Art: Art-for-My-Sake

In 1902, when the late Paul Klee was 23 and a promising Swiss painter, he decided to start all over again. "I want to be as though newborn," he wrote in his journal, "knowing nothing about Europe...." Part of his new birth was to unlearn all the techniques he had acquired for making "acceptable" pictures.

Klee, wanting to paint like children, knew that children paint not to make beautiful pictures, but simply for the fun of picturing what they feel—art-for-my-sake. For grownups who have little childhood left in them, Klee's work, like children's, is something pretty hard to understand.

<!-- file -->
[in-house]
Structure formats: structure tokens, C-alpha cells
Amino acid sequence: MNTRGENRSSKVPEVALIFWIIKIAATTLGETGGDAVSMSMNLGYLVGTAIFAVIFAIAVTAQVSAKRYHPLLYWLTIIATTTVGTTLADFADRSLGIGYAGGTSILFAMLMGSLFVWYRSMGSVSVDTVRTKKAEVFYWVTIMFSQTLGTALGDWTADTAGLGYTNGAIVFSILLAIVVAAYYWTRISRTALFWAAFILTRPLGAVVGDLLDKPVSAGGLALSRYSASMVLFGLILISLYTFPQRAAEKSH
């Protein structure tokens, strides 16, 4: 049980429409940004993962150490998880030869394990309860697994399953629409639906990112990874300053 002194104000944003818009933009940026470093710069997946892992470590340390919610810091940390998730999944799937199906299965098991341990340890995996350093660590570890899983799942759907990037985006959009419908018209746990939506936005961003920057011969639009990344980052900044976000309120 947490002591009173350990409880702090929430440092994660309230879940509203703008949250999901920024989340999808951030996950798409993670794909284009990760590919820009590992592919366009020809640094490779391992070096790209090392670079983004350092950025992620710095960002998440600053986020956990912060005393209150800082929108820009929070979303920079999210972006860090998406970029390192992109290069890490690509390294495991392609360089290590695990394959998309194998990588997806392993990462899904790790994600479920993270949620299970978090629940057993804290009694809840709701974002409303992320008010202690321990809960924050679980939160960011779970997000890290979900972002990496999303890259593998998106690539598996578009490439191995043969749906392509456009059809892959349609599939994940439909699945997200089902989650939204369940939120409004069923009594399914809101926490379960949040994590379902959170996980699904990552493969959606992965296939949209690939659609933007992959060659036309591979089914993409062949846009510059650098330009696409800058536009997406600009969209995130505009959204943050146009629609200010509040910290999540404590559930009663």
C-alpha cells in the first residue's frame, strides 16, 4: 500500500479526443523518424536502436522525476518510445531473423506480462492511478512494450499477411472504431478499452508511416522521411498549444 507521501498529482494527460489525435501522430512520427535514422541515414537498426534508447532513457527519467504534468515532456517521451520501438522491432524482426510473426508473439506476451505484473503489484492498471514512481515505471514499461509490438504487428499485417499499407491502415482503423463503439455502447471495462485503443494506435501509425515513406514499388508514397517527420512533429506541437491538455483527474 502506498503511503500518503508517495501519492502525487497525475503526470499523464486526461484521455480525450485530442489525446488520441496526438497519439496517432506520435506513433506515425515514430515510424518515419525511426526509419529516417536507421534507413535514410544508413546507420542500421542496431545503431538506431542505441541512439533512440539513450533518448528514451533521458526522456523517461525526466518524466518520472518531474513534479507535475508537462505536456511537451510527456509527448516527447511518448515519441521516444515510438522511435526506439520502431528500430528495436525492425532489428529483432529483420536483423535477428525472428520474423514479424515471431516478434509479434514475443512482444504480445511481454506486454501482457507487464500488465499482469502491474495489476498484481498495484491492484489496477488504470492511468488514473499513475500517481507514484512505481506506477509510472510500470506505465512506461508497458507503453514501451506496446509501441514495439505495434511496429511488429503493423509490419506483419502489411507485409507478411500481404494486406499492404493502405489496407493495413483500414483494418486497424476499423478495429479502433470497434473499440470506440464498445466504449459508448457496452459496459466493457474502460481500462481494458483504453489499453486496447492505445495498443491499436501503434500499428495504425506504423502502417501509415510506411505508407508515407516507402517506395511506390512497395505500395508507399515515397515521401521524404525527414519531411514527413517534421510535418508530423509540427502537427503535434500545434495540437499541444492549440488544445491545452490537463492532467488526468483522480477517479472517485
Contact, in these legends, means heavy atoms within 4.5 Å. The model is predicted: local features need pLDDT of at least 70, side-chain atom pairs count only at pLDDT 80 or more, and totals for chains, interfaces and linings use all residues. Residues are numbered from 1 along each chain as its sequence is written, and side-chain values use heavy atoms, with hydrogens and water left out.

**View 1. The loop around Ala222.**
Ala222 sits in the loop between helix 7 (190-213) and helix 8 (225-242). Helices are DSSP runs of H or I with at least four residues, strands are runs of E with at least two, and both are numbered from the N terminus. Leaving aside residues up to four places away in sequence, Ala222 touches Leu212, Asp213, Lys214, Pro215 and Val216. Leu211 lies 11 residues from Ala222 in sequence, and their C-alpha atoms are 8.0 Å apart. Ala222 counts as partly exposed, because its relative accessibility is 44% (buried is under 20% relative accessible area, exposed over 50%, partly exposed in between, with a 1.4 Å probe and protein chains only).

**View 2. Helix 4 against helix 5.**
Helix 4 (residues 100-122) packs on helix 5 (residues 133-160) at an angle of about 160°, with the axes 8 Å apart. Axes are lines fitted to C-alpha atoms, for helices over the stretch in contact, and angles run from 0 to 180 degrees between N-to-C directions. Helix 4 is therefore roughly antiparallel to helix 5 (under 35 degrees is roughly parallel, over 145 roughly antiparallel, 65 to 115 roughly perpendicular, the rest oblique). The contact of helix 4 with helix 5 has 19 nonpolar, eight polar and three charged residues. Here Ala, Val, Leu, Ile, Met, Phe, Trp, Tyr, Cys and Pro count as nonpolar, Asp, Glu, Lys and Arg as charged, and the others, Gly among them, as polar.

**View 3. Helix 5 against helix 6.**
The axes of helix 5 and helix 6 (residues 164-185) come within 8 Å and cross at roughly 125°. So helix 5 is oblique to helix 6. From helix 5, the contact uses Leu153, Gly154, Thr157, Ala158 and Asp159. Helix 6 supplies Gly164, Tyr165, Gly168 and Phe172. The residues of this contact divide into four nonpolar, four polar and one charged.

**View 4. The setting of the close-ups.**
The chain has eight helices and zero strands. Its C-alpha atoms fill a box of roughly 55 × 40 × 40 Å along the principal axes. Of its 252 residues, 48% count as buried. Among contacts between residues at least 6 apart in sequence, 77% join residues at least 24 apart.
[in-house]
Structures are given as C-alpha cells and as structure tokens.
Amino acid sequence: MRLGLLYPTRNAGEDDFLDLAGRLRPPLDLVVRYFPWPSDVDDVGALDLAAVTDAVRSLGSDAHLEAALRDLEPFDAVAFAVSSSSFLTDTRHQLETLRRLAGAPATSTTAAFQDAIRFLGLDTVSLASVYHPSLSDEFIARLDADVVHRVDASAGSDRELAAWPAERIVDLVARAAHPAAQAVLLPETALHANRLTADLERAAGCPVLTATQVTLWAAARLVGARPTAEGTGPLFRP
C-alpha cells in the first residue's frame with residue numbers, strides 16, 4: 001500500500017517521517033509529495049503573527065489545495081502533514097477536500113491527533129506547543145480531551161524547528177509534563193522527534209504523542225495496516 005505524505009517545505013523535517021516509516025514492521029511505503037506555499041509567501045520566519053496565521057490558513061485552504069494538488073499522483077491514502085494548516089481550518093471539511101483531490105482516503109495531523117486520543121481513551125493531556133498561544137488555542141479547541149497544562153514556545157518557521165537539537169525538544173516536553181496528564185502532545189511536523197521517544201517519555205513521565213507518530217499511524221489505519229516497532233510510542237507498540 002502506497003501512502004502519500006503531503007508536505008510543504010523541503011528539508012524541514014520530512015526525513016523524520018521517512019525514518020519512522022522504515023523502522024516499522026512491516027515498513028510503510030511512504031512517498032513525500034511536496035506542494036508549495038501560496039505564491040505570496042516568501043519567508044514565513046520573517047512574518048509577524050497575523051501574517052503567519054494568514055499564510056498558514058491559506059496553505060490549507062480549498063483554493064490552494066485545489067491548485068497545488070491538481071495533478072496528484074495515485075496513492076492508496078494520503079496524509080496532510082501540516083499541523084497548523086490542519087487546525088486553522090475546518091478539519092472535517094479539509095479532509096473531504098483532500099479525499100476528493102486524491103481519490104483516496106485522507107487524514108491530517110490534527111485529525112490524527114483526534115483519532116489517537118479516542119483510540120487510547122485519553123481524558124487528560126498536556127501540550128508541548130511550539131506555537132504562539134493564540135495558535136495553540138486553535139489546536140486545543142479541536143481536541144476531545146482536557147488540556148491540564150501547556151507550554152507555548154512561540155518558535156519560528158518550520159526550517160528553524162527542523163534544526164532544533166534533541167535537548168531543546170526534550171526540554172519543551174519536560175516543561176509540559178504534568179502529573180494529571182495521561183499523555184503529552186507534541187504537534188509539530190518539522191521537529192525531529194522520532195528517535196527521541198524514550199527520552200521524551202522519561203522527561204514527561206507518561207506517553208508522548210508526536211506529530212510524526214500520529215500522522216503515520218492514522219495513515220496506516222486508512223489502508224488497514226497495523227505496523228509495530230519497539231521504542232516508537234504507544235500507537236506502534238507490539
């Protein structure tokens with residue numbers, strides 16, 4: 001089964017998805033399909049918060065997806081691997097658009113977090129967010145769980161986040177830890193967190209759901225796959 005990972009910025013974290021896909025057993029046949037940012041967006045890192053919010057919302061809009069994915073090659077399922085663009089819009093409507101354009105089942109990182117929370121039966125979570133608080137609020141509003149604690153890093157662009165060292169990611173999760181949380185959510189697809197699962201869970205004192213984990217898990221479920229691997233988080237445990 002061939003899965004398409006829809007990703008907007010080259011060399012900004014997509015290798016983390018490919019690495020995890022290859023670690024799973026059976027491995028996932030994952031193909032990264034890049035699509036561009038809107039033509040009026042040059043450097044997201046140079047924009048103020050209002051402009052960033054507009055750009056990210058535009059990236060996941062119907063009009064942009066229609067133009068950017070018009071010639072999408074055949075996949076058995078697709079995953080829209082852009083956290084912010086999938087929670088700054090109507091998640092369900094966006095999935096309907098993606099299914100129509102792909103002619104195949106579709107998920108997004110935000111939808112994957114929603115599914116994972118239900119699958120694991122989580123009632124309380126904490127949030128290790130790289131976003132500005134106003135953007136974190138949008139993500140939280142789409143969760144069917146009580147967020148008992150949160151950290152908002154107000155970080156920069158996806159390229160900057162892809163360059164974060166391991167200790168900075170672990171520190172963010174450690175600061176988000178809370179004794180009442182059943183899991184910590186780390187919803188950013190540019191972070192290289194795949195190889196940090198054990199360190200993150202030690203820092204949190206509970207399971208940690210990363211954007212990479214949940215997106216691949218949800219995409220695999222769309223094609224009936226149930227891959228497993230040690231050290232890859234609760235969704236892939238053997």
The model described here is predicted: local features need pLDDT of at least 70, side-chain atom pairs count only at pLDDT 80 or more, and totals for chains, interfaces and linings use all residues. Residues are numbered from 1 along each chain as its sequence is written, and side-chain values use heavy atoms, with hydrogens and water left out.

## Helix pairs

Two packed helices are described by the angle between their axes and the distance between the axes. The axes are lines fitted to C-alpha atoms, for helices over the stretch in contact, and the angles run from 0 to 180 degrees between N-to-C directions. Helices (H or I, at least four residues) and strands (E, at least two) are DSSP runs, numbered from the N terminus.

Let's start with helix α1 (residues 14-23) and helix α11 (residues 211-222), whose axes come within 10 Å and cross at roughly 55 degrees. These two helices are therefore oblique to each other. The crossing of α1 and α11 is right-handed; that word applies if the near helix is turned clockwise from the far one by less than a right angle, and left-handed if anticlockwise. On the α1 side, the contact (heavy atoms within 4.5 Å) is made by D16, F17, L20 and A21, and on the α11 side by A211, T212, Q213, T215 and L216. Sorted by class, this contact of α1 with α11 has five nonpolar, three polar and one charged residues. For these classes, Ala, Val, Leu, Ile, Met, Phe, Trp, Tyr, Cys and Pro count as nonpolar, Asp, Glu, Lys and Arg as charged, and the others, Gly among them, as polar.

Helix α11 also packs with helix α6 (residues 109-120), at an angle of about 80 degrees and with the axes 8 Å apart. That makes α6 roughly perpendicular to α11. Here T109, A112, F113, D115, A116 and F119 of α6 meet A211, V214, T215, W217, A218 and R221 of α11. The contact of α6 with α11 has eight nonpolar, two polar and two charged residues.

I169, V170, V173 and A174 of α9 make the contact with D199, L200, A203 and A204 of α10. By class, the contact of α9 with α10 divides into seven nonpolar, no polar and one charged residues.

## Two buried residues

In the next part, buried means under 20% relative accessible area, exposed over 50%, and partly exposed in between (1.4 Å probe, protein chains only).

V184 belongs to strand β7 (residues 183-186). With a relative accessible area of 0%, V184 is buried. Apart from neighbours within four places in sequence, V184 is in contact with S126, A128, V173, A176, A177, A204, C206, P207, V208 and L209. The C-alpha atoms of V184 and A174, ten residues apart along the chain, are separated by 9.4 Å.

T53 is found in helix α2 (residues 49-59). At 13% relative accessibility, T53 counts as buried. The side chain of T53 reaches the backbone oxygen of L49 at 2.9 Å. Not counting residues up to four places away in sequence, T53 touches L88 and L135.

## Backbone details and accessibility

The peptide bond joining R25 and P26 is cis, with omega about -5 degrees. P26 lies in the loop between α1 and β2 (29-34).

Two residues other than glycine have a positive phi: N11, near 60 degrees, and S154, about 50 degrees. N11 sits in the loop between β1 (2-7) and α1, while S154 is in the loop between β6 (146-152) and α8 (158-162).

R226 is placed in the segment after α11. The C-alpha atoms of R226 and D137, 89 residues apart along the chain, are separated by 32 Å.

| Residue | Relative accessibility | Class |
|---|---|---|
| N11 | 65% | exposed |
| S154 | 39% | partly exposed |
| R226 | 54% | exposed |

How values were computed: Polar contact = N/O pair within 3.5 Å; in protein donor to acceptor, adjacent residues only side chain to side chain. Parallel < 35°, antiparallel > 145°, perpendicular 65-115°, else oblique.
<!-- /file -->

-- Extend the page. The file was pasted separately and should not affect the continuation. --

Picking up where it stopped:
Last week an exhibition...

Want the full story?

Subscribe Now

Subscribe
Subscribe

Get TIME the way you want it

  • One Week Digital Pass — $4.99
  • Monthly Pay-As-You-Go DIGITAL ACCESS$2.99
  • One Year ALL ACCESSJust $30!   Best Deal!
    Print Magazine + Digital Edition + Subscriber-only Content on TIME.com

Learn more about the benefits of being a TIME subscriber

If you are already a subscriber sign up — registration is free!